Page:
No food, no water, no problem, just soak up those sweet rays.
When a young Michelle Pfeiffer moved to Hollywood to launch her acting career, she probably wasn’t warned about weird cults. So it’s no wonder she started hanging out with people who thought food and water wasn’t important.
They didn’t just think food and water wasn’t important – they thought sunlight could provide all the nourishment a human being needed to survive. She was practising breatharianism, as she explained to the Sunday Telegraph’s Stella Magazine.
Pfeiffer claimed her first husband, Peter Horton, saved her from the cult by showing her the light. “We were talking with an ex-Moonie and he was describing the psychological manipulation and I just clicked,” she explained.
The pair of cultists were “kind of personal trainers,” according to the actress. “They worked with weights and put people on diets. Their thing was vegetarianism. They were very controlling.”
Followers of breatharianism believe that food and water is unnecessary – as sunlight can provide all the nourishment that the body needs, but their teaching came at a cost.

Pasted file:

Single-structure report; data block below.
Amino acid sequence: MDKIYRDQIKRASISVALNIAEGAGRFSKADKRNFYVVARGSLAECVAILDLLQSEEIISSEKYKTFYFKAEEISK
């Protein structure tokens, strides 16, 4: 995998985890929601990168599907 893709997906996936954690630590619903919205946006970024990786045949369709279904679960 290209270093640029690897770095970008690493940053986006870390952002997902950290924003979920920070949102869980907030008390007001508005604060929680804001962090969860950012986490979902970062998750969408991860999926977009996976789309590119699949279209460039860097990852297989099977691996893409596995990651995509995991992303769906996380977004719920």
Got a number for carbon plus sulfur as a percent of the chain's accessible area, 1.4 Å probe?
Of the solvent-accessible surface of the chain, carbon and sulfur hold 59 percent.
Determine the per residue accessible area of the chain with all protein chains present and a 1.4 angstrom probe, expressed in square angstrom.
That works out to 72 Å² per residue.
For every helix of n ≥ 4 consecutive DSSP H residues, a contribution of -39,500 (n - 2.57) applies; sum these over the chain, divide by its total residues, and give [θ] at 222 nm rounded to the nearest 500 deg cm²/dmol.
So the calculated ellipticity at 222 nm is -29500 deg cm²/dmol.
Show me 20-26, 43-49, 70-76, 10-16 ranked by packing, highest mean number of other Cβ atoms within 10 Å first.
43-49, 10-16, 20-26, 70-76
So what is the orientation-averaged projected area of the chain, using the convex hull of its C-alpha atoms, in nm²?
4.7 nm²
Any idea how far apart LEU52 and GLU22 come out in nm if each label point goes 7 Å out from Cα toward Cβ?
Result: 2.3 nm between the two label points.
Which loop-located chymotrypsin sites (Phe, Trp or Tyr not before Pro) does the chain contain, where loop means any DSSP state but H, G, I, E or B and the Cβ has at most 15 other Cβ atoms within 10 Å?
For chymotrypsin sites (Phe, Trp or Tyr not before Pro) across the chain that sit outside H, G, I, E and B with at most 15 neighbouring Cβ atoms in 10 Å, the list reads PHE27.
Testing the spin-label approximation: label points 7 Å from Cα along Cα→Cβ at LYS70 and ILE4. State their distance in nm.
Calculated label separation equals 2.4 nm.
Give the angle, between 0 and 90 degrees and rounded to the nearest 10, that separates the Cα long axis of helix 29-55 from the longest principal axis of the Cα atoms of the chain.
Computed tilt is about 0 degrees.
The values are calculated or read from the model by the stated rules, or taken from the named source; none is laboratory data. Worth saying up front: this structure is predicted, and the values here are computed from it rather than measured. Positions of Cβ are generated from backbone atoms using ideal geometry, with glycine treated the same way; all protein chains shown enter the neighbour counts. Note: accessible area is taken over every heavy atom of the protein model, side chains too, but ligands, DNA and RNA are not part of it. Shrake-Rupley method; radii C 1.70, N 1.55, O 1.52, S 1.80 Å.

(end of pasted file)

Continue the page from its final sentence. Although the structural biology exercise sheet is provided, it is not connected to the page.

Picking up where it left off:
“I had to pay for all the time I was there so it was financially very draining. They believe that people in their highest state were breatharian.” Thankfully, she got out when she can, as the practise has been linked to several deaths, like Verity Linn, 49, who died back in 1999 in a remote part of the Scottish Highlands.
Pfeiffer also opened up to the magazine about plastic surgery, denying that she had undergone any such procedures. "The loss of youth, the loss of beauty – it definitely plays havoc with your psyche,” the Golden Globe winning actress explained. “There’s this transition from, 'Wow, she looks really young for her age,’ to, 'She looks great for her age.’ … There is certainly a mourning process to that.”
Michelle Pfeiffer was part of a weird cult, in Hollywood. It makes sense really.